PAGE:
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How It Works
Capecitabine belongs to a class of drugs called antimetabolites. It interferes with the growth of cancer cells. Capecitabine is available as tablets that are taken by mouth (oral).
How Well It Works
Capecitabine is an effective antitumor drug for many people. However, the type and extent of a cancer determines how effectively this drug slows or stops the growth of cancer cells in the body. One study shows that treating stage III metastatic colon cancer with capecitabine after surgery is at least as effective as treating with fluorouracil plus leucovorin after surgery. People taking capecitabine had later and less severe side effects.1
Side effects of capecitabine can be severe.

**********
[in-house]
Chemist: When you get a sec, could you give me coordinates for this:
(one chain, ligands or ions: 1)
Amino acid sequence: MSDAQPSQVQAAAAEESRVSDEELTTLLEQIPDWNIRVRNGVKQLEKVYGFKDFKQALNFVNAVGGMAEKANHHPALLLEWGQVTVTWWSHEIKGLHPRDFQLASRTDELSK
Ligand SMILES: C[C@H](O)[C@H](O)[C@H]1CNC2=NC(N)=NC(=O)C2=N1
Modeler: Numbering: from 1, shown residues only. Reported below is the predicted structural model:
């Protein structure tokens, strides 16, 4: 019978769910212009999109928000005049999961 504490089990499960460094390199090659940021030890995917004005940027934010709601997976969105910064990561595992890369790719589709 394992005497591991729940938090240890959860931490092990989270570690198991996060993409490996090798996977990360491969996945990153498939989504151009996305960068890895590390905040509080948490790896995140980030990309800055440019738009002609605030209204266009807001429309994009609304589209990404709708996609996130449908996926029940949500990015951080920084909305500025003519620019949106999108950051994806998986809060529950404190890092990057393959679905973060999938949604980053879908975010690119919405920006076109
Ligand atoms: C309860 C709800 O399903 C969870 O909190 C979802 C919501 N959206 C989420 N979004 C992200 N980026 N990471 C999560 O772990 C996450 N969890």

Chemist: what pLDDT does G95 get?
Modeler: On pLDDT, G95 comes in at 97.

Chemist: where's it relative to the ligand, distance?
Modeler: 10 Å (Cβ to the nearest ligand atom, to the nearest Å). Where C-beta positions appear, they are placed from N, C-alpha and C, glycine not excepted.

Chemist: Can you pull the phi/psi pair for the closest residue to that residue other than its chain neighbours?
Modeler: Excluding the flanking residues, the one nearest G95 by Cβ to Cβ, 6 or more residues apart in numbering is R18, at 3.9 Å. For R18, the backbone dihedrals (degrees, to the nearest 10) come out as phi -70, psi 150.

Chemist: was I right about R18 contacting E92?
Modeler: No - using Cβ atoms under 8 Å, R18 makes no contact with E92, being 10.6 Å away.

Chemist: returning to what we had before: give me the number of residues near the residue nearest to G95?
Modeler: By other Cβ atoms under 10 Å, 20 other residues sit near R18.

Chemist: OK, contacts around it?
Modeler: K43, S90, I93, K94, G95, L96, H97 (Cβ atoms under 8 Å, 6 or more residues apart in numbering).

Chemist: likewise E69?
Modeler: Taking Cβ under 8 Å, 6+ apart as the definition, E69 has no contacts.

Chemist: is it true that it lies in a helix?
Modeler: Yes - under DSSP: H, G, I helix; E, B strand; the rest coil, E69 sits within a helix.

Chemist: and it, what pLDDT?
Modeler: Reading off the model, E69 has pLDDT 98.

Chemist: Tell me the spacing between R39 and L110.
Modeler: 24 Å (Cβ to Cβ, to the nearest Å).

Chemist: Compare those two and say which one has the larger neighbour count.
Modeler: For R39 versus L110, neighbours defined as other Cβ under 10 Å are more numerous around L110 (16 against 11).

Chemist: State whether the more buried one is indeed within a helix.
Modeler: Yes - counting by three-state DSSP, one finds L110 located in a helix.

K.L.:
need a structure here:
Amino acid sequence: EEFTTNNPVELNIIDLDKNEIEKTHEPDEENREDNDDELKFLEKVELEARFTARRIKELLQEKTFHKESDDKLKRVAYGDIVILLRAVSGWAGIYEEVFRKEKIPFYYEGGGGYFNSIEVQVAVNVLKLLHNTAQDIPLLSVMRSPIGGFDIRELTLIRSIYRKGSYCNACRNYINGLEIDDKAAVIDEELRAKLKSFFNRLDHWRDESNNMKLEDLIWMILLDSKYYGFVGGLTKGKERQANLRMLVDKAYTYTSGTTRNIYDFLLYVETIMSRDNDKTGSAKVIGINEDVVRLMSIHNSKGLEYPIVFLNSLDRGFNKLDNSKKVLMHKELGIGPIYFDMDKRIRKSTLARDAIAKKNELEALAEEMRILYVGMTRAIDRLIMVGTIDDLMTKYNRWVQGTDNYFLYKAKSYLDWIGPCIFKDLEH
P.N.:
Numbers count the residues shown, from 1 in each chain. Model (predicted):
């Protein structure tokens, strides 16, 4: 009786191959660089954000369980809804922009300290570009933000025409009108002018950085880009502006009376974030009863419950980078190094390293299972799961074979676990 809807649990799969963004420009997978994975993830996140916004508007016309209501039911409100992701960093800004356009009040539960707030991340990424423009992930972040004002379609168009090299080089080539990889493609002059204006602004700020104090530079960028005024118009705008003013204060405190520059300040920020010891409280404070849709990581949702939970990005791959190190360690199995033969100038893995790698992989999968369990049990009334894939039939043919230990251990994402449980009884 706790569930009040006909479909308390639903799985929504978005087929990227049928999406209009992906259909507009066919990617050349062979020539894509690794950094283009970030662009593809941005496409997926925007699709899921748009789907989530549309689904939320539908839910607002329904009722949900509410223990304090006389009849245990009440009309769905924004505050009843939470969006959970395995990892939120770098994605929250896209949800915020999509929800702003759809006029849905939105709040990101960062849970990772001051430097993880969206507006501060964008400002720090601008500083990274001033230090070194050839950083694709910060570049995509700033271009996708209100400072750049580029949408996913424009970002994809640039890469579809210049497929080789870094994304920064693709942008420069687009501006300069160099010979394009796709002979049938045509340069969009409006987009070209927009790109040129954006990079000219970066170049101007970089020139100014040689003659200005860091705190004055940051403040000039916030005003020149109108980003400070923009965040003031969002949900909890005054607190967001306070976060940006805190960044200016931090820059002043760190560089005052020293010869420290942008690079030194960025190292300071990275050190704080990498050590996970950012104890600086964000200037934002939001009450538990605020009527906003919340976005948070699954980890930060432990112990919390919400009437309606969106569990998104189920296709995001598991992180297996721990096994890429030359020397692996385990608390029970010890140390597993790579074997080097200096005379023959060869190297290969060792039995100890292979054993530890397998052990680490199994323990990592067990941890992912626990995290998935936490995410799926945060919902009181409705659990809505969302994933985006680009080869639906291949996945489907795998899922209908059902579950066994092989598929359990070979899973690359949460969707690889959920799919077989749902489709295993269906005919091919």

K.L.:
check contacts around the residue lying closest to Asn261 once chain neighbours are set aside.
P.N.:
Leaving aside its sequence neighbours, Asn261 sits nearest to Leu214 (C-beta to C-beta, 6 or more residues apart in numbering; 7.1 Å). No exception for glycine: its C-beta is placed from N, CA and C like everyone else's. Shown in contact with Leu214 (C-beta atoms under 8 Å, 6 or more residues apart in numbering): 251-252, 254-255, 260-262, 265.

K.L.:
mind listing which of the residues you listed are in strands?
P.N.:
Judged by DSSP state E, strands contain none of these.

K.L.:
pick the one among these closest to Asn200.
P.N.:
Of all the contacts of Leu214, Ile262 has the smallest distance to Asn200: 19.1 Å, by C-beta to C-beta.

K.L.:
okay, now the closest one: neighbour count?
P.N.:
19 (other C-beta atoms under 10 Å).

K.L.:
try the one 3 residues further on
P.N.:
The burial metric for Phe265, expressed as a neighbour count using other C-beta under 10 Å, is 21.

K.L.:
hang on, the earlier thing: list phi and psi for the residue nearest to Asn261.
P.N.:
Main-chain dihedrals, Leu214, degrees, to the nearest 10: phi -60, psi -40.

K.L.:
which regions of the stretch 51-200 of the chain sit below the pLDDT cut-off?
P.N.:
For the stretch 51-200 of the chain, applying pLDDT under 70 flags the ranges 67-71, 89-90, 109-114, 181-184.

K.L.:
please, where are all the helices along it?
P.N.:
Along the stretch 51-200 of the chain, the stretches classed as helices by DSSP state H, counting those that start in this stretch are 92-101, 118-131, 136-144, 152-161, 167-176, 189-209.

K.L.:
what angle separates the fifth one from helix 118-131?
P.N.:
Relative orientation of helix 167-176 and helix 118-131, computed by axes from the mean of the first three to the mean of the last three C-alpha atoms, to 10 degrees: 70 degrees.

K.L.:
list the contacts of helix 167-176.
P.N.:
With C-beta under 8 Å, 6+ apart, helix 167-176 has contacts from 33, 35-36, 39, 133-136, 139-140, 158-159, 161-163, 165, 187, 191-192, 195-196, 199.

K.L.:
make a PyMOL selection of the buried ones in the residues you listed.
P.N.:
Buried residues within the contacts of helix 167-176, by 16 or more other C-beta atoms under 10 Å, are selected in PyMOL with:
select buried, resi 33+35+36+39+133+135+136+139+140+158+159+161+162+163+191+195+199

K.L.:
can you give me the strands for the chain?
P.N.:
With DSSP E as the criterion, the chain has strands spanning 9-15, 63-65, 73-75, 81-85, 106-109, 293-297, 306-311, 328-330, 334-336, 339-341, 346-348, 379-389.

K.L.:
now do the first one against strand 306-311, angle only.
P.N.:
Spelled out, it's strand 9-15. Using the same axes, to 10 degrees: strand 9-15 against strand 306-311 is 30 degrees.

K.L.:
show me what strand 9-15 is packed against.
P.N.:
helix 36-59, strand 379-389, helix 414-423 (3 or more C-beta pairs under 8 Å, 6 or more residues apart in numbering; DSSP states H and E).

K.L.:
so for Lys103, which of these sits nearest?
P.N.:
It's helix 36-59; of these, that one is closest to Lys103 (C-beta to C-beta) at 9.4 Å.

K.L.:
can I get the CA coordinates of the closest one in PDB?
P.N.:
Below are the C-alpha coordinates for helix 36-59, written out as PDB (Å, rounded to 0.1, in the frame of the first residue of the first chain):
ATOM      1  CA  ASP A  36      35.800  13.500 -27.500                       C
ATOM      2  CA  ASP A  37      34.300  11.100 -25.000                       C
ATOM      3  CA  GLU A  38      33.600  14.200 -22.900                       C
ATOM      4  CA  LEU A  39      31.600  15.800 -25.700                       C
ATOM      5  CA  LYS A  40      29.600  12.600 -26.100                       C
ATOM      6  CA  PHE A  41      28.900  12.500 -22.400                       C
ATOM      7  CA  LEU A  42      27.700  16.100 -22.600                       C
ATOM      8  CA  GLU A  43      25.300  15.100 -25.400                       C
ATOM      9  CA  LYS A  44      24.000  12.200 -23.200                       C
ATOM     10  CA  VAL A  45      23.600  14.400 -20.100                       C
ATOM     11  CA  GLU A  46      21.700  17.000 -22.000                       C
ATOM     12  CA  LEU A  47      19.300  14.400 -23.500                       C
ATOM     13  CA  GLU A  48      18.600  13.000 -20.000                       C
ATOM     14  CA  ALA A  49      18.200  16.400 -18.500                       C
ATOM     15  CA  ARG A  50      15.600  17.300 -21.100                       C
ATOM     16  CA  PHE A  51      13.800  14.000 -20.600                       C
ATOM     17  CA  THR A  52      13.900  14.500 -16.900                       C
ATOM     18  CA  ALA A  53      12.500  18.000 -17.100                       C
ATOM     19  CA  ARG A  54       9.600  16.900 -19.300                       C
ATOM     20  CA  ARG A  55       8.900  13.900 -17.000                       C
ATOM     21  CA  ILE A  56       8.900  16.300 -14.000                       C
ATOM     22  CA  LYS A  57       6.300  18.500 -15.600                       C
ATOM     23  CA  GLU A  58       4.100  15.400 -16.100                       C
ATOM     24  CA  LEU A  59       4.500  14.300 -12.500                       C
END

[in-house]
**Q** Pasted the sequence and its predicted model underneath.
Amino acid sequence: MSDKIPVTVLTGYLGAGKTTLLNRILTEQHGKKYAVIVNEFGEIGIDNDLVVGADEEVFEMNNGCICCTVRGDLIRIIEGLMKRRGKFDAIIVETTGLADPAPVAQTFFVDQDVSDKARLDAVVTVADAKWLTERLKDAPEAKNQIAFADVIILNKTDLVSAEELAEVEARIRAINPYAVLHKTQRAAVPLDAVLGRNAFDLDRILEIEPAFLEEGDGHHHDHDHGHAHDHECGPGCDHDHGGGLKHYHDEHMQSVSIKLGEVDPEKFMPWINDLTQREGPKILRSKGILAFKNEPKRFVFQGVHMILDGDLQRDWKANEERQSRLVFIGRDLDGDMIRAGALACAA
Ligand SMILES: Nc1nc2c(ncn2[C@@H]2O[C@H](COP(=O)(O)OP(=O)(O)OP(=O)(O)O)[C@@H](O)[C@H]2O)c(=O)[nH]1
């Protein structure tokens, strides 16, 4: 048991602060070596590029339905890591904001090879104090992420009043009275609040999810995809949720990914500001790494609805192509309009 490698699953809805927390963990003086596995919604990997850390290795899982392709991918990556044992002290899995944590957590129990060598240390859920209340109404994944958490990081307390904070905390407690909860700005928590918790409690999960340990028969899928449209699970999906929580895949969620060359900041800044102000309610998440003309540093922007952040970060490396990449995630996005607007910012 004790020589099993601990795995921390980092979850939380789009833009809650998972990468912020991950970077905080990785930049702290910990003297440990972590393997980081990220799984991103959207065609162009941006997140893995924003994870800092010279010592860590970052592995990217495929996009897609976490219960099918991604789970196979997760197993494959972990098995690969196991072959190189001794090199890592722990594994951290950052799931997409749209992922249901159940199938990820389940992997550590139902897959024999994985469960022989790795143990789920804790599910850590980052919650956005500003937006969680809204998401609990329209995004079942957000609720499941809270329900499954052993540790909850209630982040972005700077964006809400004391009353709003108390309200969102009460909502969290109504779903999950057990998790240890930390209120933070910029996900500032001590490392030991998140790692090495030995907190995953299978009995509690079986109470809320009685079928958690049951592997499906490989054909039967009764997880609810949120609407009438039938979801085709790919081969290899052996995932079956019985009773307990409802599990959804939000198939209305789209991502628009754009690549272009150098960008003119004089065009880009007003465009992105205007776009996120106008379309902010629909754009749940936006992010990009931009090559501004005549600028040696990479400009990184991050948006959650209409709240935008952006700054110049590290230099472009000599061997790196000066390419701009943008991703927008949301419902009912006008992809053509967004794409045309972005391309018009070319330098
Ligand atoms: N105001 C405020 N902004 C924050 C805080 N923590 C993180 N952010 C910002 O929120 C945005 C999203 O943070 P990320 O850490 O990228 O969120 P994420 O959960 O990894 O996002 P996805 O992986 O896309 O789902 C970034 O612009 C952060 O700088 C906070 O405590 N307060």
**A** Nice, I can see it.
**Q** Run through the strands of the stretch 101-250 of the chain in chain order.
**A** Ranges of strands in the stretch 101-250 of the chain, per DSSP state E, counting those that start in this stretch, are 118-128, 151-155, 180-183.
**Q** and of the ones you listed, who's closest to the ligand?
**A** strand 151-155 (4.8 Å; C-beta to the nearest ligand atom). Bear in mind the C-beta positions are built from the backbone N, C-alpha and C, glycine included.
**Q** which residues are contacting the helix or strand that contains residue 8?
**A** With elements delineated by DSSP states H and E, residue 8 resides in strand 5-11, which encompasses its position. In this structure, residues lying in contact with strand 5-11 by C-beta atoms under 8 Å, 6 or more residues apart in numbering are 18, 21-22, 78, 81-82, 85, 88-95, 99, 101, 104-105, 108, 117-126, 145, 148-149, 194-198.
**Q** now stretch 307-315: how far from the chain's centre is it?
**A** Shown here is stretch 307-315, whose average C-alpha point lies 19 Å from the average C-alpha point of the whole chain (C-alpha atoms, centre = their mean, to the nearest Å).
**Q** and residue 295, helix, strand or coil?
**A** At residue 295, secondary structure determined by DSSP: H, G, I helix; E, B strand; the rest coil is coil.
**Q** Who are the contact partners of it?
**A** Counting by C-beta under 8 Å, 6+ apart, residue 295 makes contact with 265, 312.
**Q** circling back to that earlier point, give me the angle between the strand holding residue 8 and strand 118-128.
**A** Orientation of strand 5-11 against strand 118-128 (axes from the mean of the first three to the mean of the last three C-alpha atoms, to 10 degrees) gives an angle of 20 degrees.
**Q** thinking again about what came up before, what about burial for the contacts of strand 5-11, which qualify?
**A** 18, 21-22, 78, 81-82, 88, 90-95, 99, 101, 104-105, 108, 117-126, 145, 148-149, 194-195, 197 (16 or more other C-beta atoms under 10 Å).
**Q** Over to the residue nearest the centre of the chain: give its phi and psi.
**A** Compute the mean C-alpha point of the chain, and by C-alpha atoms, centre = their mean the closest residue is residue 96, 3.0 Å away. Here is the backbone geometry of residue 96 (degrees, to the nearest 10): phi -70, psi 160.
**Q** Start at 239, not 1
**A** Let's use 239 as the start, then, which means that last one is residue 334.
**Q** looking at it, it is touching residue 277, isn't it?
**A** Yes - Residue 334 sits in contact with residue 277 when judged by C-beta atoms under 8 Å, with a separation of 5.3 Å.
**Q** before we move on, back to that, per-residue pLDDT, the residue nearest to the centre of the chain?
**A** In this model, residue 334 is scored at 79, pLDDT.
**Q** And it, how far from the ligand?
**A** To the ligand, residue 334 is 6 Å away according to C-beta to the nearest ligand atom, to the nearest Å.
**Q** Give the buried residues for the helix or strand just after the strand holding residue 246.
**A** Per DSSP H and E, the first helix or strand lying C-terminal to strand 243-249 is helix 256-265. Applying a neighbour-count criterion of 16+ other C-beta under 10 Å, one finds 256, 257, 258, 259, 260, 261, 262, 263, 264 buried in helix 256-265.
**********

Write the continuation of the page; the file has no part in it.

- Symptoms of an allergic reaction, such as rash, swelling, or difficulty breathing.
- Nausea or vomiting.
- Loss of appetite.
- Fever or chills.
- Tingling, numbness, pain, or swelling of the hands or feet.
- Pain, redness, swelling, or sores around the mouth.
See Drug Reference for a full list of side effects. (Drug Reference is not available in all systems.)
What To Think About
Capecitabine should be administered only under the supervision of a medical oncologist.
When used in combination with blood-thinning drugs (anticoagulants), such as warfarin (Coumadin) or heparin, capecitabine can cause serious bleeding and death. Tell your doctor if you are taking warfarin or an other anticoagulant drug, including aspirin. If you have any unusual bleeding or bruising, call your doctor immediately.
You may not be able to become pregnant or father a child after taking this medication. Discuss fertility with your doctor before starting treatment.
Capecitabine can cause birth defects. Do not use this drug if you are pregnant or wish to become pregnant or father a child while you are taking it.
Do not drink alcoholic beverages while taking capecitabine.
Last Updated: October 1, 2008